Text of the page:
By Lloyd Graff
I talked to Paul Eisenstein, TMW’s resident auto guru in Detroit. He is pessimistic about a bailout for the domestic car builders. He sees the legislation caught in a food fight between the lame duck Republicans and the Democrats who find themselves defending a bailout for big business.
I asked Paul if he thought a Chapter 11 bankruptcy approach would work for General Motors. He felt the stigma of a filing would kill the sales of GM’s vehicles for years. He also says that Rick Wagoner, GM’s president, does not accept the fact that he is part of the problem. Wagoner is determined to gut it out as head of the company, which also mitigates against a Chapter 11 filing.
Eisenstein says that the big irony is that GM has made major progress in the last few years with the negotiation of a reasonable rollback settlement with the UAW. They have been ambushed by high oil prices and the current economic gloom, two things out of their control.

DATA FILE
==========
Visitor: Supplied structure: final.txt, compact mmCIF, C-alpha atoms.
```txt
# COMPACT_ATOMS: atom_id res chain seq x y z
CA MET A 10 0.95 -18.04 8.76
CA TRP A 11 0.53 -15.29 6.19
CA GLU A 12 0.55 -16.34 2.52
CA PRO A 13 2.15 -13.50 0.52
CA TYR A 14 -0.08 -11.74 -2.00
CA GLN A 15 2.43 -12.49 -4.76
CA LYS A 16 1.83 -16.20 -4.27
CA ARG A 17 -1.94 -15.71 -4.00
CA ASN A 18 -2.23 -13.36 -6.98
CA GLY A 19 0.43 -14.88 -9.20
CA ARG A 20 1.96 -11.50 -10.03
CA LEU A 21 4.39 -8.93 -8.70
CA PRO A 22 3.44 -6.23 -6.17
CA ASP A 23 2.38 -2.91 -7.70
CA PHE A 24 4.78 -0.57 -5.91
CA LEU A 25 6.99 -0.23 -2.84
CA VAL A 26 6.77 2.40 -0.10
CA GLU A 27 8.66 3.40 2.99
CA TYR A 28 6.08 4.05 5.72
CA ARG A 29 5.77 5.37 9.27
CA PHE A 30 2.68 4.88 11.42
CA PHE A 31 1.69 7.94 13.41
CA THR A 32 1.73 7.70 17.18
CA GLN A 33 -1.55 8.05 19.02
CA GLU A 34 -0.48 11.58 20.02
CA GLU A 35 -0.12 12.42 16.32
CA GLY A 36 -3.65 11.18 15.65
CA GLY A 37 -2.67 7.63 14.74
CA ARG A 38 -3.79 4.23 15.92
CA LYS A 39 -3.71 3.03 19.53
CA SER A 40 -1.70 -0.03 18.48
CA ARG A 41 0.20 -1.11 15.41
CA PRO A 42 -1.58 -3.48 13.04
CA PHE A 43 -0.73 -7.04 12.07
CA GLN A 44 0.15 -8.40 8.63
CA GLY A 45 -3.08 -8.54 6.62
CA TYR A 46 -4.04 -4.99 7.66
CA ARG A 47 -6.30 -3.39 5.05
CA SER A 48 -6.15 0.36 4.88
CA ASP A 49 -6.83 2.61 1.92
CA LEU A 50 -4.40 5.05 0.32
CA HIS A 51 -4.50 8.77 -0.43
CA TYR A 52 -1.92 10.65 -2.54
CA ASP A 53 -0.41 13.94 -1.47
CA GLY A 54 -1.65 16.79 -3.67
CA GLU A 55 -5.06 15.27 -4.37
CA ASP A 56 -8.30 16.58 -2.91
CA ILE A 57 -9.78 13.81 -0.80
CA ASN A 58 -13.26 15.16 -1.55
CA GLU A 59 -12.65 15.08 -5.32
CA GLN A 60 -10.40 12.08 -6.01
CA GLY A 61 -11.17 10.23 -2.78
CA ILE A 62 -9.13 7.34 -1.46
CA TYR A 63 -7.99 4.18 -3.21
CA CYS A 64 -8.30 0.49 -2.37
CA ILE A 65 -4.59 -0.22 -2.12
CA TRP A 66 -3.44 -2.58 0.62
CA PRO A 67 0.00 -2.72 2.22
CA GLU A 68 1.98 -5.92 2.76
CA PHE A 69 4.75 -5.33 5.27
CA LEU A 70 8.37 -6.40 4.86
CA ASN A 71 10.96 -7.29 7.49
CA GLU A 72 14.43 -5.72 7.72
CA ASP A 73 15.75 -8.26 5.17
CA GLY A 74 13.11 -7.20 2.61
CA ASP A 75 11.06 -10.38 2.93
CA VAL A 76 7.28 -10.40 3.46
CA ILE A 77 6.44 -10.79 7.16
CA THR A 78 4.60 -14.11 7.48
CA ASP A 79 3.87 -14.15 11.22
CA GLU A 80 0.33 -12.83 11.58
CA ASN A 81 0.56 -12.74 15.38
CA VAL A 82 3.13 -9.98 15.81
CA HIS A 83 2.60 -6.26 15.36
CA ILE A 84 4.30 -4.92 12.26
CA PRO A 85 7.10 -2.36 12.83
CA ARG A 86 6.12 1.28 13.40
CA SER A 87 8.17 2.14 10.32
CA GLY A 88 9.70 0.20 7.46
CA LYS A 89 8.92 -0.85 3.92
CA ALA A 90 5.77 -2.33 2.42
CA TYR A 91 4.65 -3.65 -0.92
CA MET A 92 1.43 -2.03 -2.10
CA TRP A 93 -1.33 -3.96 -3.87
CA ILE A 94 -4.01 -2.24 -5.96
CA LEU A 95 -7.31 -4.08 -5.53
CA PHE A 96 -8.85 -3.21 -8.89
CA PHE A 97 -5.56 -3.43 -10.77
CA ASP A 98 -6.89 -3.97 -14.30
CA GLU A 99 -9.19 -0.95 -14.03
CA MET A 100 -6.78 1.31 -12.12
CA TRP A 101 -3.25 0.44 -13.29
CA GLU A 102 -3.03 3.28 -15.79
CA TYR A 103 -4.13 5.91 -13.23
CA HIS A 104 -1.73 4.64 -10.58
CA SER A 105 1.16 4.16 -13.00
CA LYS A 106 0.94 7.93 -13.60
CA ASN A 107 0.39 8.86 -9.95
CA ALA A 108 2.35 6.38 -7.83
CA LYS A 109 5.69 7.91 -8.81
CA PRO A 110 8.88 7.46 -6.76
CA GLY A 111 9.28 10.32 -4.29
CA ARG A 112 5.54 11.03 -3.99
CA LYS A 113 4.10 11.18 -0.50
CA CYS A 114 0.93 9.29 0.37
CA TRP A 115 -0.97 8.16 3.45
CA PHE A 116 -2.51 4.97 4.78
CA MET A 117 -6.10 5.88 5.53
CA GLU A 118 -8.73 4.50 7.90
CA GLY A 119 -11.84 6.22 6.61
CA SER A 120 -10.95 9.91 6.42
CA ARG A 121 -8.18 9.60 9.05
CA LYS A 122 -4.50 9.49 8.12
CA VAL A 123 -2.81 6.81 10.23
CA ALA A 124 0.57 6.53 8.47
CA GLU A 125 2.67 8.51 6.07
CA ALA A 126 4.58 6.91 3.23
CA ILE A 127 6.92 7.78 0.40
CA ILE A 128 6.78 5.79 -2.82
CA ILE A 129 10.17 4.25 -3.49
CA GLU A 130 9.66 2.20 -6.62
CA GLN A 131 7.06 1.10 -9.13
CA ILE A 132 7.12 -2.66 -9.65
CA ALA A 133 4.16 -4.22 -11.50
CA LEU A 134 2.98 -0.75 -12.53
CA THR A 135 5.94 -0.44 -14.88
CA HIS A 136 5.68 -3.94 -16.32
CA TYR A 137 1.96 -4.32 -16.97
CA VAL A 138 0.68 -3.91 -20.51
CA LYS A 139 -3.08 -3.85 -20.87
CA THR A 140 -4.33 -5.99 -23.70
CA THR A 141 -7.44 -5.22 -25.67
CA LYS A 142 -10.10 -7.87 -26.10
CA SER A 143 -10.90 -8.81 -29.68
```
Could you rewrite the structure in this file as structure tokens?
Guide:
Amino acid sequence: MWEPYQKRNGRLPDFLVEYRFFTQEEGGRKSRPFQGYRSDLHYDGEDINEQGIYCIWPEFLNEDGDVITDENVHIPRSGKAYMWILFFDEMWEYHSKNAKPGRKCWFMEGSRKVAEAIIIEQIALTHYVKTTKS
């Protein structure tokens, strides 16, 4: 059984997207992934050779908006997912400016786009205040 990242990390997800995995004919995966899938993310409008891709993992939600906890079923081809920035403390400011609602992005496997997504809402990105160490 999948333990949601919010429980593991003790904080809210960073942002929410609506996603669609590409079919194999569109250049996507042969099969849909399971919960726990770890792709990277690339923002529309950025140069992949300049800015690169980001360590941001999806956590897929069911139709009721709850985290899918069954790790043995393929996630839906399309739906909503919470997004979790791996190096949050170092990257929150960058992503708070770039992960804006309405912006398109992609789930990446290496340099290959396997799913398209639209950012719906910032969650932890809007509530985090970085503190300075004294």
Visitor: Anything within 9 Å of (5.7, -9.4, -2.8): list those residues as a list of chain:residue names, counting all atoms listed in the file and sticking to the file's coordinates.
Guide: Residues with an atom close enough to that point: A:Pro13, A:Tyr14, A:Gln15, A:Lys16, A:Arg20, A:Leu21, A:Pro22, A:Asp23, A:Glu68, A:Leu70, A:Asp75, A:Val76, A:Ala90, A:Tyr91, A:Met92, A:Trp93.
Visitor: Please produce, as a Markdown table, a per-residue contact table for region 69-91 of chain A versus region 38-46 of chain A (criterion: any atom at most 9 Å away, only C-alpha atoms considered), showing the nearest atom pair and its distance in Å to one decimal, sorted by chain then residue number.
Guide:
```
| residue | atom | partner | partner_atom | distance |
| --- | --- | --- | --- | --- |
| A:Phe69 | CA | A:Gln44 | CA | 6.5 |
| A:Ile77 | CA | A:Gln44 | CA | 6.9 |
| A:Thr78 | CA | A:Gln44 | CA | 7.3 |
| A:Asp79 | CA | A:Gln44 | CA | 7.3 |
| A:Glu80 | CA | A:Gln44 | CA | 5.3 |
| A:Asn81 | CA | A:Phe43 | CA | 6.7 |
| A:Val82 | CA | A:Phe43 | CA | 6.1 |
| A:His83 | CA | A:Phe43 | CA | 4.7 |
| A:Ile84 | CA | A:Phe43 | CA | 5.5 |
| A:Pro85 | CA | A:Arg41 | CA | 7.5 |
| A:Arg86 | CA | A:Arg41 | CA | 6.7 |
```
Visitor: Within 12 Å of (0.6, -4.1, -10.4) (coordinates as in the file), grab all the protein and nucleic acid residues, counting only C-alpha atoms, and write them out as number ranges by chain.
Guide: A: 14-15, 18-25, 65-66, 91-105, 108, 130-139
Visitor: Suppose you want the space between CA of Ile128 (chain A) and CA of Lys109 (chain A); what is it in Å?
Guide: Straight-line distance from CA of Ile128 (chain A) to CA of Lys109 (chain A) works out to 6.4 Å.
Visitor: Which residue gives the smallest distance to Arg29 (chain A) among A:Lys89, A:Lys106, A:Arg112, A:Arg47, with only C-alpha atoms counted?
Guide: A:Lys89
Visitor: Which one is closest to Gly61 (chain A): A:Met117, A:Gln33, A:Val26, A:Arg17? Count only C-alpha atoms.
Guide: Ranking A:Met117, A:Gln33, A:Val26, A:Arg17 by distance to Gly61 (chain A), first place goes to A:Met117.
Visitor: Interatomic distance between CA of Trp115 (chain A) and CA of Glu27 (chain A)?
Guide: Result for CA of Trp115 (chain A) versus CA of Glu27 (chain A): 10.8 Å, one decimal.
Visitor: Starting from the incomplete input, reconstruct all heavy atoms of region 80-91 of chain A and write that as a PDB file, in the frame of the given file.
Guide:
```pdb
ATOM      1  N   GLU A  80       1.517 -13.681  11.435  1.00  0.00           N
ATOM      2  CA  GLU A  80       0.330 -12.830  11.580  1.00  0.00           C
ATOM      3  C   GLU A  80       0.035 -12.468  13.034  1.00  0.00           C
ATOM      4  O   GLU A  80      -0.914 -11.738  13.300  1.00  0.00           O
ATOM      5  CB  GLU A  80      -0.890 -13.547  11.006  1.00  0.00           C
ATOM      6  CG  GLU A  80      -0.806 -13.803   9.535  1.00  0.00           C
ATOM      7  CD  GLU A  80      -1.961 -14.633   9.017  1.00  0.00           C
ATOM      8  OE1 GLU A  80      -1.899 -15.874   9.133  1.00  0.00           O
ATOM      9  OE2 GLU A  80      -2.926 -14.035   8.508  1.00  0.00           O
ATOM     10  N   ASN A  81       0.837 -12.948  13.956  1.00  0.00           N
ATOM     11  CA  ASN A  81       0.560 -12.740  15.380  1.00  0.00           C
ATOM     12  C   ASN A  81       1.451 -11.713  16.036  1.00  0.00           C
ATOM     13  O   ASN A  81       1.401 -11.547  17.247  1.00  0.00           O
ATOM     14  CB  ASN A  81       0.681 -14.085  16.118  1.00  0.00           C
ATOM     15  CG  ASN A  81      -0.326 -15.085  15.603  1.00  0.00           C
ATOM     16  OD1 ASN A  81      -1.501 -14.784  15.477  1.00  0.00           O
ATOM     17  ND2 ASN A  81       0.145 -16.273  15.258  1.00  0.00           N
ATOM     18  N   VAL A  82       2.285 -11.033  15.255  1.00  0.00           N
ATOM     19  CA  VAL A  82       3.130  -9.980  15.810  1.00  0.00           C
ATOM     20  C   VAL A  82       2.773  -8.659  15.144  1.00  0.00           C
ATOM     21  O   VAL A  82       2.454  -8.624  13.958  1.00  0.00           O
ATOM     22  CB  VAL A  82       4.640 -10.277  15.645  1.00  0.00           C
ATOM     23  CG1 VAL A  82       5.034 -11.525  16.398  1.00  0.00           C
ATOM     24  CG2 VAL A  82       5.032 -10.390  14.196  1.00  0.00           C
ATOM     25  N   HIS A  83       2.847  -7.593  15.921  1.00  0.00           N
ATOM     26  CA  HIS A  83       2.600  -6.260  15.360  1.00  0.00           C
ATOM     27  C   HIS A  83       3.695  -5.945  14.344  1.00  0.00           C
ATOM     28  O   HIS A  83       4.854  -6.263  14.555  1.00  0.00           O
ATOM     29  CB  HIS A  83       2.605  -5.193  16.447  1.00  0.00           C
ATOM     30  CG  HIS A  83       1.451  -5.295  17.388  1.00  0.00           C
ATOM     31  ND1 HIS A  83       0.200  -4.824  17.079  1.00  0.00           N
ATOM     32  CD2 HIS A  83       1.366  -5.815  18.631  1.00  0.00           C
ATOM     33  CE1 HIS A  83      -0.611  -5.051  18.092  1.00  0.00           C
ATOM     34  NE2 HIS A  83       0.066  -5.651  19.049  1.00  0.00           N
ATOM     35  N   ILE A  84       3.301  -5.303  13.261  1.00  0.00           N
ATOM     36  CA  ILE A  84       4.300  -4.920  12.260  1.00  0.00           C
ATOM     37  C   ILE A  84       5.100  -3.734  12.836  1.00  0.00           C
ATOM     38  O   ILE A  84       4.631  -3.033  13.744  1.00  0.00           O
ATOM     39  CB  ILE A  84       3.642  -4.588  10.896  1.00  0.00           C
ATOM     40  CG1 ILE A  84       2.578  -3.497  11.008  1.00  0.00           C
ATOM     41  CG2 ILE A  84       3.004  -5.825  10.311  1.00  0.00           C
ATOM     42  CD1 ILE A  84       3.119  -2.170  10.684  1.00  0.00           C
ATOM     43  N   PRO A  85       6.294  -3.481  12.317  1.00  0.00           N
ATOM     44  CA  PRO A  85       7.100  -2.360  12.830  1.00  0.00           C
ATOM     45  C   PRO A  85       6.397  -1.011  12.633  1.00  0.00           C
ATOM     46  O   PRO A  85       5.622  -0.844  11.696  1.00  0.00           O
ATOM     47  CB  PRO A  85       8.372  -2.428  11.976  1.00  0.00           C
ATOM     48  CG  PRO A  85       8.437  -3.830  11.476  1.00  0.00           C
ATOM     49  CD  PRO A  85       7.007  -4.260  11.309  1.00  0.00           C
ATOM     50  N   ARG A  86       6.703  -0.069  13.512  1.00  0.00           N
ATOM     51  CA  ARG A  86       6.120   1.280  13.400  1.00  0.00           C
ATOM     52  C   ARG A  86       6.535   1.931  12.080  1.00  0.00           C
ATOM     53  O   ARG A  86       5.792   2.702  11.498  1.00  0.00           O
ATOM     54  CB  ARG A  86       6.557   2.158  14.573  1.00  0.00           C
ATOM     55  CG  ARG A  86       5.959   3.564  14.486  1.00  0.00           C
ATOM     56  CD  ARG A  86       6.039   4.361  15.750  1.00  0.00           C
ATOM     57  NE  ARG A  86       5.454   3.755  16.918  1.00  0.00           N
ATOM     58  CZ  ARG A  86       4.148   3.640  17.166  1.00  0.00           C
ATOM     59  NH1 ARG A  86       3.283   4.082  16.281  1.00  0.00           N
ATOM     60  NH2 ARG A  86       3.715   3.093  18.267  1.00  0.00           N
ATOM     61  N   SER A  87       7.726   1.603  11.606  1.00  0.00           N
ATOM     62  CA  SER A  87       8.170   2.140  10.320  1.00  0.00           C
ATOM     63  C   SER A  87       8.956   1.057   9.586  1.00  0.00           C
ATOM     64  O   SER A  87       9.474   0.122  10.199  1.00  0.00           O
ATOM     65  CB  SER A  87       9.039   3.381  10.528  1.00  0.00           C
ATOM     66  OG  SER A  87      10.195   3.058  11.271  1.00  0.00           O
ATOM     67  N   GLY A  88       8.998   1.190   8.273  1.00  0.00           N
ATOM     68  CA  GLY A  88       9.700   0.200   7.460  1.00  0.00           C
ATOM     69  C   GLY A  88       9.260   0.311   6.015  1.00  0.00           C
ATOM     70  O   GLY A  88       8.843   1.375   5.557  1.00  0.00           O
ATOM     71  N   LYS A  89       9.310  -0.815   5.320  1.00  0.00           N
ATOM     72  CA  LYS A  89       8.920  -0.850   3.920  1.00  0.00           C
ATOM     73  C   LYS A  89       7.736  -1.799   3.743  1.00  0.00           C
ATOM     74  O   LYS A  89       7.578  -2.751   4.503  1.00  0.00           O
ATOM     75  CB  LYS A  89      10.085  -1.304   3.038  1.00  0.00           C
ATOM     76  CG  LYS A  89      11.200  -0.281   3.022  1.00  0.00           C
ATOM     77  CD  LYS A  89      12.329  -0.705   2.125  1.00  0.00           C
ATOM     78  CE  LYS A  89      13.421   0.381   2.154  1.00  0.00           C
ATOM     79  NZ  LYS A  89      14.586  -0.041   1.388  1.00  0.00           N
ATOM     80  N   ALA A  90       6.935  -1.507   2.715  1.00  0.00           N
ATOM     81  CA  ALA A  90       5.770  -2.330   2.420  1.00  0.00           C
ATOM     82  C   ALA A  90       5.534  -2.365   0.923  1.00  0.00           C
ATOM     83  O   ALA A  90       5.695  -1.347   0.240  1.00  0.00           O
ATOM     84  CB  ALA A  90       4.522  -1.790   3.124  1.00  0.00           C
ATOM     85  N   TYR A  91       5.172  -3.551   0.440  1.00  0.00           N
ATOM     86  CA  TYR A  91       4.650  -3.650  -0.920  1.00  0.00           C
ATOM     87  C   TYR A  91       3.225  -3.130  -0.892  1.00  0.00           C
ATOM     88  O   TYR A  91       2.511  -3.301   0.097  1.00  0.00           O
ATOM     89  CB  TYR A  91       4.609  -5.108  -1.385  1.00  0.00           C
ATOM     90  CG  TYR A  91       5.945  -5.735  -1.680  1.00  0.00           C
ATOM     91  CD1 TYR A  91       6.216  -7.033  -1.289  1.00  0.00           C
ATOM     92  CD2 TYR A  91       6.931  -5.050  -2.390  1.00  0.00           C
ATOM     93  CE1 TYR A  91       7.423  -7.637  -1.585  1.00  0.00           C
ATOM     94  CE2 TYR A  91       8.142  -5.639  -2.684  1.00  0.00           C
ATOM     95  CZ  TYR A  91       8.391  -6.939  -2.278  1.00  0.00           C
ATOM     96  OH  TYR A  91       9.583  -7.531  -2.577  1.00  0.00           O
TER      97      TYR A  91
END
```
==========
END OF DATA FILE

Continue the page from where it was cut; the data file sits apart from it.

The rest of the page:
Eisenstein concedes GM has a crappy product line aside from the Malibu and the Escalade, but he thinks the option of allowing GM to fail is too awful to accept.
Question: Is declaring bankruptcy the worst possible course of action for General Motors?
While I’m very tempted to say let the chips fall where they may to the Big Three, it’s painfully obvious that the rest of the U.S. would suffer greatly for their bad management decisions. It’s really a connundrum. If other areas of our economy weren’t in such bad shape, we could probably whether the storm. But then again, the Big Three are partially in trouble because of this meltdown. Who comes first, the chicken or the egg? At the moment I’m leaning toward a very structured bailout with lots of rules and regulations and, above all, a congressional oversight committee who has power over all executive decisions.
The Machinist’s Wife
General Motors is getting close to going bankrupt and to being liquidated. Ineptitude and greed of its management, its board, and its union are finally catching up with the former king of the automotive industry.